The pedigreed filmmakers behind "Zero Dark Thirty" are denying the claims that their film supports torture, saying essentially that their film merely depicts torture as it's an important part of the story. So they only show it, but do not support it. This goes to the old Hollywood defensive tactic with regards to making violent films -- we only show increasingly more realistic and gruesome violence in very creative ways, but we do not condone it. We also like to have your cake and eat it too.
According to their explanation, the filmmakers tried to make a film that is not an Obama commercial and not an apology for torture. That's a noble goal perhaps, but the result is a disjointed film. As Mark Boal says, his film is being "misread", presumably because it chose to show the issue in its complexity. Evoking complexity is not always an artistic virtue. Some times the fact that you don't know what the lead character of a film is feeling with regards to the portrayed events is just lack courage on the part of the film's creators to take a stand. Especially on an issue like this one, that's central to the story. As the debate gathers steam, it's obvious that there can be no half-measure emotions about torture. Either way.
I think the reason the filmmakers are facing the brewing firestorm of opinions over what their film does and does not say is exactly that -- failed filmmaking and gutless lack of principle in trying to show an important, highly politicized part of our history, without taking any clear stand on the issue. At least it's not clear what is the position of the writers and director or the meaning of the indecipherable and amazingly overhyped performance by Jessica Chastain, who seems to fluctuate in the film between being an aloof nerd, an overcompensating woman trying to make it in a male-dominated profession or simply an obsessed clerk looking to move up. It's not clear what is driving her and why she wants to kill Osama so badly. Somehow it doesn't feel like patriotism. I find this the film's greatest failure and the reason for the backlash. The filmmakers could have chosen to include her character's backstory and emotional connection to Osama bin Laden and chose not to do it. They used her as a proxy to show the workings of the CIA. And apparently did so untruthfully despite the statement that begins the film, saying that it's based on interviews with people about actual events, cloaking the whole thing with an air of veracity.
I didn't know what the filmmakers were trying to say with this film and as such, by default, the only idea I took out of the screening was that torture works. And torture was the main reason we caught Bin Laden. There is no other conclusion to draw from a narrative which focuses on torture for long periods of time and where the real break in getting to Bin Laden clearly comes from information obtained due to torture. I don't know whether that's how things really happened, and there's been enough evidence that torture does not really work effectively, as well as statements from the CIA and Defense Department denying that torture-obtained intelligence was crucial to capturing the world's most infamous terrorist. Out of all of this, the filmmakers are getting the brunt of the criticism and the government actually comes out sounding like the good guy who does not condone torture! It's safe to assume it's not telling us the whole truth either. But as far as this particular film is concerned, Zero Dark Thirty is clearly informing us that torture led to the capture of Bin Laden.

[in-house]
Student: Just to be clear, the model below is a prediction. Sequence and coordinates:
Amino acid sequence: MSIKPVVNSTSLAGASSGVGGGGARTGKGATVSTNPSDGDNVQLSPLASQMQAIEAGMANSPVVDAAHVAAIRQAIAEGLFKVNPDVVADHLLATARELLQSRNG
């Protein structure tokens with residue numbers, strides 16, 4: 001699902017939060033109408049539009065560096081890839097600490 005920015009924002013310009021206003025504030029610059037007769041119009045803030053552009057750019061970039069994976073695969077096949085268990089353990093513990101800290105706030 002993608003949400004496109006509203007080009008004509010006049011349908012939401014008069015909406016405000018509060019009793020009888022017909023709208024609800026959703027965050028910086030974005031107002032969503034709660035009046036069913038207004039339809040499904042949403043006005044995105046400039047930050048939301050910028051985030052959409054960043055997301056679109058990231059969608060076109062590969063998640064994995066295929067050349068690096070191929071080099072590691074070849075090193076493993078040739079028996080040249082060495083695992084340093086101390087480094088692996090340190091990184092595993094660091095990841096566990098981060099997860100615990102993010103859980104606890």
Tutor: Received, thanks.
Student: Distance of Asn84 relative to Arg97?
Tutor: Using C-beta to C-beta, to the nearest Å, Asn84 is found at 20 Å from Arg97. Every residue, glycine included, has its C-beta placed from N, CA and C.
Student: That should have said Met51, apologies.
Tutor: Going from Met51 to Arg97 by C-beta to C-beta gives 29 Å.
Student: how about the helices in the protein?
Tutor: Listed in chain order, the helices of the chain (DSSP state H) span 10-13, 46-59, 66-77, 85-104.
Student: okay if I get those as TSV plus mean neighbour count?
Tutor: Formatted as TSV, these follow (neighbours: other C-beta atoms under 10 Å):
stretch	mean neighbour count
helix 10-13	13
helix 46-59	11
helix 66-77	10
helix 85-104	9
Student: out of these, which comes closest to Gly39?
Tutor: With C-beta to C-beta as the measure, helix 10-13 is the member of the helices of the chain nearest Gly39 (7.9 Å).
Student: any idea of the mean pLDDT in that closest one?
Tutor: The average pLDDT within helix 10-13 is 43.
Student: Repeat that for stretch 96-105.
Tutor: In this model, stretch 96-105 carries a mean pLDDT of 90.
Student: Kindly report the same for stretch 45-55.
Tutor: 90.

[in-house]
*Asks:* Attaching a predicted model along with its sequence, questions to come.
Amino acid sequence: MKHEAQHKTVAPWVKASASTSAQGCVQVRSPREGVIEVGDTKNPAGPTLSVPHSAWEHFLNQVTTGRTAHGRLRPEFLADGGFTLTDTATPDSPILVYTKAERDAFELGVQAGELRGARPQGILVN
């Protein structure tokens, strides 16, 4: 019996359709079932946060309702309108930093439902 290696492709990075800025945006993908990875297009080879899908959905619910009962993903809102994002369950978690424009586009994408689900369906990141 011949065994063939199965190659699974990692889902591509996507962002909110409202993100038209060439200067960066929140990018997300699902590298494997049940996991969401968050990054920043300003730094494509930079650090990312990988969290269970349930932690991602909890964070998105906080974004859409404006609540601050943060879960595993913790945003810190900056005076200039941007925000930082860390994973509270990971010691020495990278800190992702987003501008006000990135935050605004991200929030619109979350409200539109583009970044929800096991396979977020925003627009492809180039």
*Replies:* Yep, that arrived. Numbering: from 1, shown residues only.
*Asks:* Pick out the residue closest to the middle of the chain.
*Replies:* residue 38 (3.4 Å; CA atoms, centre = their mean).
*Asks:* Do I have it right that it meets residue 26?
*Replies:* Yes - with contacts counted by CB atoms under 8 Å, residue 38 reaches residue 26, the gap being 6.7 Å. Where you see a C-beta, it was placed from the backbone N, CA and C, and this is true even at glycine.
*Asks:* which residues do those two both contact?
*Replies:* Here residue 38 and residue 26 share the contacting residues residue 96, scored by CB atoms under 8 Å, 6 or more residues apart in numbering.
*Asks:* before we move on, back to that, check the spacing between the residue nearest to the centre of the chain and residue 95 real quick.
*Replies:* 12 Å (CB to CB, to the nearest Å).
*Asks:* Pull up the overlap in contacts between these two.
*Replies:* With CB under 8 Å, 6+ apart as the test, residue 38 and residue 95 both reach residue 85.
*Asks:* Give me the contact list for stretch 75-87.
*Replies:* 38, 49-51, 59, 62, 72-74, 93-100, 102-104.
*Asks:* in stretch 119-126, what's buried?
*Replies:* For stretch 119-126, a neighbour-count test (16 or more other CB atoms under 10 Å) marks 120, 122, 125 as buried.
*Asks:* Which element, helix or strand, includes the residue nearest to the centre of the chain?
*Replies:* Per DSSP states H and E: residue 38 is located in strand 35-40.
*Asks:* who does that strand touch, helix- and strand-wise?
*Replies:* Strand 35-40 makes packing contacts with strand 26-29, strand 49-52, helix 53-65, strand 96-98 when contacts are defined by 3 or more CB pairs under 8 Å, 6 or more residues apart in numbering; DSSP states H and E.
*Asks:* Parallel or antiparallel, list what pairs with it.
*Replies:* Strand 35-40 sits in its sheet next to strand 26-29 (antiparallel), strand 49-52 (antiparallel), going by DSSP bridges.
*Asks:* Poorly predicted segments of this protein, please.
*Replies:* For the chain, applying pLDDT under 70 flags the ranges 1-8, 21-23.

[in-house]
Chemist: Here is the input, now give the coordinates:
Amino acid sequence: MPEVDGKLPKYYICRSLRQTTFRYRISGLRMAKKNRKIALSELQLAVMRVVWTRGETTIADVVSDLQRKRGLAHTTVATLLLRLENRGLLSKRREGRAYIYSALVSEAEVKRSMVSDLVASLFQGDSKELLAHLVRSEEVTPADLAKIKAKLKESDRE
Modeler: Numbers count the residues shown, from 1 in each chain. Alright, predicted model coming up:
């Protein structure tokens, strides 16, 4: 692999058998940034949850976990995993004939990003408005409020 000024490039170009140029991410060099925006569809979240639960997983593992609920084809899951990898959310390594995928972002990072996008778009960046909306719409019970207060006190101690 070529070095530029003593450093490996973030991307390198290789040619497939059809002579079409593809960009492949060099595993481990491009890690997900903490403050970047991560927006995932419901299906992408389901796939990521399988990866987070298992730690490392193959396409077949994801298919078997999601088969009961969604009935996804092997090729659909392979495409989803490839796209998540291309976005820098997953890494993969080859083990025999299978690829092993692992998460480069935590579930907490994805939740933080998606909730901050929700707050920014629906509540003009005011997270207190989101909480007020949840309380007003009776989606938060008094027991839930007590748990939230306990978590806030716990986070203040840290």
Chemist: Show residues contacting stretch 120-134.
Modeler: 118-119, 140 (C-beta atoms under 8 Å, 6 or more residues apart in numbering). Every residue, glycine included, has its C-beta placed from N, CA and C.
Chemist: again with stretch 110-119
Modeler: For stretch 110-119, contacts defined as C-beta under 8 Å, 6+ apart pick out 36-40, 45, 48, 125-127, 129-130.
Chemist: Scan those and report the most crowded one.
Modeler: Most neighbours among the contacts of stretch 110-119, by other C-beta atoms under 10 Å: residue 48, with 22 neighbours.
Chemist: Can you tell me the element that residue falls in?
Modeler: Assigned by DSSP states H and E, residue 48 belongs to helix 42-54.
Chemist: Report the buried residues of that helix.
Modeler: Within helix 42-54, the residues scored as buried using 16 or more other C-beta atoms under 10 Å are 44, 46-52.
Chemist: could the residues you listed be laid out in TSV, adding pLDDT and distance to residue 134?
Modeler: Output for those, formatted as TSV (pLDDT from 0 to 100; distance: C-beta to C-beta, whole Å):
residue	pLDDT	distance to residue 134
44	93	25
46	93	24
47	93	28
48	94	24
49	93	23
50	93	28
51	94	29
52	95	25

I think all of us, reasonable human beings, assume that reality is complex and some times unseemly things happen about which we don't really want to know more about since they support our way of life. And it's not reasonable to expect a film to change anything in "reality" even though some times films can capture zeitgeists and focus attention on issues and actually lead to some actual effects. But no matter what is the reach of your film, it's important to recognize that making films is a responsibility. Any decision you make when you create a film affects a product that is seen by many members of your society and in Hollywood's case -- millions of people. These are high stakes and every filmmaking action is a significant choice. From selecting the lens to writing a supporting character's speech. And when you make a film with political implications, every decision you make is even more obviously political. It's naive not to realize that. Even if you try hard not to take a stand like the filmmakers tried desperately to do, you are still making a political statement even in such cowardice and a stand will be taken for you.
As the brouhaha intensifies, and we get people in the uber-liberal Hollywood presumably shocked to find themselves accused of supporting a position that is anathema to them, it's hard not to look at all this also as a cynical campaign for viewers and Oscars. The debate raises the cultural significance of this film and the hopes for all involved to ride this synthesis of moral failure and often thrilling technical execution to more Academy Awards glory. Let's hope somebody somewhere down this line takes a stand.